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Open Access Research article

Cytotoxicity of VEGF121/rGel on vascular endothelial cells resulting in inhibition of angiogenesis is mediated via VEGFR-2

Khalid A Mohamedali1*, Sophia Ran5, Candelaria Gomez-Manzano2, Latha Ramdas3, Jing Xu28, Sehoon Kim19, Lawrence H Cheung1, Walter N Hittelman1, Wei Zhang4, Johannes Waltenberger6, Philip E Thorpe7 and Michael G Rosenblum1

Author Affiliations

1 Departments of Experimental Therapeutics, The University of Texas M. D. Anderson Cancer Center, Houston, TX, USA

2 Departments of Neuro-Oncology, The University of Texas M. D. Anderson Cancer Center, Houston, TX, USA

3 Departments of Experimental Radiation Oncology, The University of Texas M. D. Anderson Cancer Center, Houston, TX, USA

4 Departments of Pathology, The University of Texas M. D. Anderson Cancer Center, Houston, TX, USA

5 Department of Medical Microbiology and Immunology, Southern Illinois University, School of Medicine, Springfield, IL, USA

6 Department of Cardiology and Angiology, University Hospital Münster, Münster, Germany

7 Simmons Comprehensive Cancer Center, The University of Texas Southwestern Medical Center, Dallas, TX, USA

8 The University of Texas Southwestern Medical Center, Dallas, TX, USA

9 GlycoFi/Merck & Co., Inc., Lebanon, NH, USA

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BMC Cancer 2011, 11:358  doi:10.1186/1471-2407-11-358

Published: 17 August 2011

Abstract

Background

The fusion protein VEGF121/rGel composed of the growth factor VEGF121 and the plant toxin gelonin targets the tumor neovasculature and exerts impressive anti-vascular effects. We have previously shown that VEGF121/rGel is cytotoxic to endothelial cells overexpressing VEGFR-2 but not to endothelial cells overexpressing VEGFR-1. In this study, we examined the basis for the specific toxicity of this construct and assessed its intracellular effects in vitro and in vivo.

Methods

We investigated the binding, cytotoxicity and internalization profile of VEGF121/rGel on endothelial cells expressing VEGFR-1 or VEGFR-2, identified its effects on angiogenesis models in vitro and ex vivo, and explored its intracellular effects on a number of molecular pathways using microarray analysis.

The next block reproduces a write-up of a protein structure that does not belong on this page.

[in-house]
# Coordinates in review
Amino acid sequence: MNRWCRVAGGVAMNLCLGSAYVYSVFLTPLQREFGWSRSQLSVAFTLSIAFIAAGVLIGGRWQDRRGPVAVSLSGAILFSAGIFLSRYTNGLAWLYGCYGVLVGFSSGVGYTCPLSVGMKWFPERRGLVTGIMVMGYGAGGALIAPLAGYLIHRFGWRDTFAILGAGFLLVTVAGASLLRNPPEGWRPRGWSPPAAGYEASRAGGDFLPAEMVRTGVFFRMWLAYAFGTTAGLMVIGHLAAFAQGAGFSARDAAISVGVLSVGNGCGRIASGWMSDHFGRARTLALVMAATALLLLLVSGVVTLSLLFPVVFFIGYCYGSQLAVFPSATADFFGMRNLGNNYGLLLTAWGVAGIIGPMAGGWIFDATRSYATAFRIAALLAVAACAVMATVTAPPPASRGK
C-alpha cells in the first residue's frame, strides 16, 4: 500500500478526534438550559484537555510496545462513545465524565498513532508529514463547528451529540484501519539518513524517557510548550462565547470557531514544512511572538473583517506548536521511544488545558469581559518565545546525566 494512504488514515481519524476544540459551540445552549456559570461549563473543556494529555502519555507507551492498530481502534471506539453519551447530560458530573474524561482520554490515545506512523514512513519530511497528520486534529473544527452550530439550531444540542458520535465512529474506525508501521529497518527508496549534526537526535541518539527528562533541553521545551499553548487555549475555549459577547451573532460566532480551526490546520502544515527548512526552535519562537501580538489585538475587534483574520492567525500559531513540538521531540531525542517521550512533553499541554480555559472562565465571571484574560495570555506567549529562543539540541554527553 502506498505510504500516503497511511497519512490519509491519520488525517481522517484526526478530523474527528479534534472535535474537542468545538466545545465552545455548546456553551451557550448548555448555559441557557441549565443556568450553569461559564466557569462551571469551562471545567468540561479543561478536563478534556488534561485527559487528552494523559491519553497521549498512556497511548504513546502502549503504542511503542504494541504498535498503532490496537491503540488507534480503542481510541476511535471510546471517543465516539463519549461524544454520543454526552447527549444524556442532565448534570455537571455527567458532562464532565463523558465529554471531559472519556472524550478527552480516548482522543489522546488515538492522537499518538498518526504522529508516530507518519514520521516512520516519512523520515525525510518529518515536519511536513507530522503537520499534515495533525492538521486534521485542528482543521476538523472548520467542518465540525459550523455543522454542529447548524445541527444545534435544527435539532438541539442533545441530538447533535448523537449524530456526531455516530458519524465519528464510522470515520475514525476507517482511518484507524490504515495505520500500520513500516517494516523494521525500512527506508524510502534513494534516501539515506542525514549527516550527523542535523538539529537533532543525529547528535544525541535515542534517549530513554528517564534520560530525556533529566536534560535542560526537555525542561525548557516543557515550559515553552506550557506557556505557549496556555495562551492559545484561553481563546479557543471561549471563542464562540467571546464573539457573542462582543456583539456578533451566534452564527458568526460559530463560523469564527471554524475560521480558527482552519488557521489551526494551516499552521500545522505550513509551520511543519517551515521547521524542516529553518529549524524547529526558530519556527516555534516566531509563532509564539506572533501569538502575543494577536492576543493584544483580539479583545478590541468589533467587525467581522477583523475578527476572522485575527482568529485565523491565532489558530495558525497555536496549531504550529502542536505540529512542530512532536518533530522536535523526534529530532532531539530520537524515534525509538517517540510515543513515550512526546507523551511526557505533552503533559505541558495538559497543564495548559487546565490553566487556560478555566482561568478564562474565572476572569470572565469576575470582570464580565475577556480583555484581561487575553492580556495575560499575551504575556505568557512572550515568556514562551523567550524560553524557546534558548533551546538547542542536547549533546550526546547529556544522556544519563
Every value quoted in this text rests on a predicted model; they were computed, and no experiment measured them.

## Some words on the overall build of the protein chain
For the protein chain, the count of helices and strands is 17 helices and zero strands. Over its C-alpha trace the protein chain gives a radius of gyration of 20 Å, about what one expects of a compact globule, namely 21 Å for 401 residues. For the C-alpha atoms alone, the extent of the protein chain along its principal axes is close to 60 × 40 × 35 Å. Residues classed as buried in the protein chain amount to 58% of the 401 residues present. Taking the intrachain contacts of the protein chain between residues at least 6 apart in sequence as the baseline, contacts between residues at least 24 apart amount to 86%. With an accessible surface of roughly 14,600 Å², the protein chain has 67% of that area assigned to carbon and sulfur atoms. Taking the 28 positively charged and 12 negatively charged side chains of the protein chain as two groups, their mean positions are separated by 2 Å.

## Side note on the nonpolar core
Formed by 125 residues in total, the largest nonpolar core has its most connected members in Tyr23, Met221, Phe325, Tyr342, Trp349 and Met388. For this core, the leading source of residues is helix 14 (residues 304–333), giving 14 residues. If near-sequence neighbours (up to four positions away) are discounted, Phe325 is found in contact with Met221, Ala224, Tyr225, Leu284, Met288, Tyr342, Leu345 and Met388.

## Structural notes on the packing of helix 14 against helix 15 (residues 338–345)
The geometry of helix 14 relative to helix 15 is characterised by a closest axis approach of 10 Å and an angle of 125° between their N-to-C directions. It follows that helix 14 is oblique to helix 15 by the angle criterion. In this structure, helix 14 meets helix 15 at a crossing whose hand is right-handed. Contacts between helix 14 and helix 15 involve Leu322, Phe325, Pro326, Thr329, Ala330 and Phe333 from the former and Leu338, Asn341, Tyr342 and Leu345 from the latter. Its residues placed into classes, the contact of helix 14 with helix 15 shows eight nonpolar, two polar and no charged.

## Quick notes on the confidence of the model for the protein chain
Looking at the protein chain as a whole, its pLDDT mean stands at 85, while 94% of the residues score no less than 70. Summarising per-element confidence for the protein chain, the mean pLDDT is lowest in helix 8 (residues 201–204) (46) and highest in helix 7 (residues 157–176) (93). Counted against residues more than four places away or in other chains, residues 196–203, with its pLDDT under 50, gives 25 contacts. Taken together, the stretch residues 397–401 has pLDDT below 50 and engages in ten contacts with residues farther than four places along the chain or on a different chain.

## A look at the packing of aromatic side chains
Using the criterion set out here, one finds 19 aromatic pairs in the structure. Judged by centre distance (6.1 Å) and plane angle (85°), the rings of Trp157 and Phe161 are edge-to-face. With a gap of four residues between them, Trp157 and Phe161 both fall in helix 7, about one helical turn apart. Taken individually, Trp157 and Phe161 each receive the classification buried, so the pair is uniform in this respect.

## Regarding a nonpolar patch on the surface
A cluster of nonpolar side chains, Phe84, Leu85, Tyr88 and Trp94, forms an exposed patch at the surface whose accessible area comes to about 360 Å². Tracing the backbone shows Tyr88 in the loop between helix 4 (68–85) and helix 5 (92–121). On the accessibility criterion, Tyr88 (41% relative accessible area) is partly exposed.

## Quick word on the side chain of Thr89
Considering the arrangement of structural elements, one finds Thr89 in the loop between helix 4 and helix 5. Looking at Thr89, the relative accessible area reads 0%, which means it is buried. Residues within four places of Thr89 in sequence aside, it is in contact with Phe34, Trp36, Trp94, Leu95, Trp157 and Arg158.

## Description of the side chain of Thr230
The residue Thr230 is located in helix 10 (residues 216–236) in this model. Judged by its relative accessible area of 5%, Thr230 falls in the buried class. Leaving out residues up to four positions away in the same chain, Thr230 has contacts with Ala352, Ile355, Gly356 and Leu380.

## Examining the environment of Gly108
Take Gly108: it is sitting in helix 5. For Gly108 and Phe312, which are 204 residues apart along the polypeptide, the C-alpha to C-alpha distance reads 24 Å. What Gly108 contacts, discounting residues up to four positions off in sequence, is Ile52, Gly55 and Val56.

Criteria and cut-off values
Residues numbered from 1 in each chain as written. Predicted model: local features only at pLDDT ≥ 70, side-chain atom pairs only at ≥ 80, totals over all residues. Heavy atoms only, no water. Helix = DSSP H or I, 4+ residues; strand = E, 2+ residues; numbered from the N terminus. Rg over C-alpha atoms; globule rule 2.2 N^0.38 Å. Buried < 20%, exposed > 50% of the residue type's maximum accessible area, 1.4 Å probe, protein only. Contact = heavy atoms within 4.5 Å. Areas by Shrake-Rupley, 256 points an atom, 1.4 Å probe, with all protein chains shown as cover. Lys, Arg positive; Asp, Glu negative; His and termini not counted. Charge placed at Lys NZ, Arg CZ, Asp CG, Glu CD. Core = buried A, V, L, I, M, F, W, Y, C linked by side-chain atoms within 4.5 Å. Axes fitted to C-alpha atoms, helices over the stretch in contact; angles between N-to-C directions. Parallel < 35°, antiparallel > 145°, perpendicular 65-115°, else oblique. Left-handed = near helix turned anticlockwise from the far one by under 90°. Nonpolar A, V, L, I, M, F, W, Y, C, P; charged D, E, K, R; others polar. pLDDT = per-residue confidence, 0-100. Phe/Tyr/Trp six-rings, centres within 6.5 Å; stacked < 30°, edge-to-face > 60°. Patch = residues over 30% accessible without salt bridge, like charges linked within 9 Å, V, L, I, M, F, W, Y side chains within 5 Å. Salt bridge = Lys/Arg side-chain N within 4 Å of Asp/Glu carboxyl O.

Results

Incubation of PAE/VEGFR-2 and PAE/VEGFR-1 cells with 125I-VEGF121/rGel demonstrated binding specificity that was competed with unlabeled VEGF121/rGel but not with unlabeled gelonin. Assessment of the effect of VEGF121/rGel on blocking tube formation in vitro revealed a 100-fold difference in IC50 levels between PAE/VEGFR-2 (1 nM) and PAE/VEGFR-1 (100 nM) cells. VEGF121/rGel entered PAE/VEGFR-2 cells within one hour of treatment but was not detected in PAE/VEGFR-1 cells up to 24 hours after treatment. In vascularization studies using chicken chorioallantoic membranes, 1 nM VEGF121/rGel completely inhibited bFGF-stimulated neovascular growth. The cytotoxic effects of VEGF121/rGel were not apoptotic since treated cells were TUNEL-negative with no evidence of PARP cleavage or alteration in the protein levels of select apoptotic markers. Microarray analysis of VEGF121/rGel-treated HUVECs revealed the upregulation of a unique "fingerprint" profile of 22 genes that control cell adhesion, apoptosis, transcription regulation, chemotaxis, and inflammatory response.

Conclusions

Taken together, these data confirm the selectivity of VEGF121/rGel for VEGFR-2-overexpressing endothelial cells and represent the first analysis of genes governing intoxication of mammalian endothelial cells by a gelonin-based targeted therapeutic agent.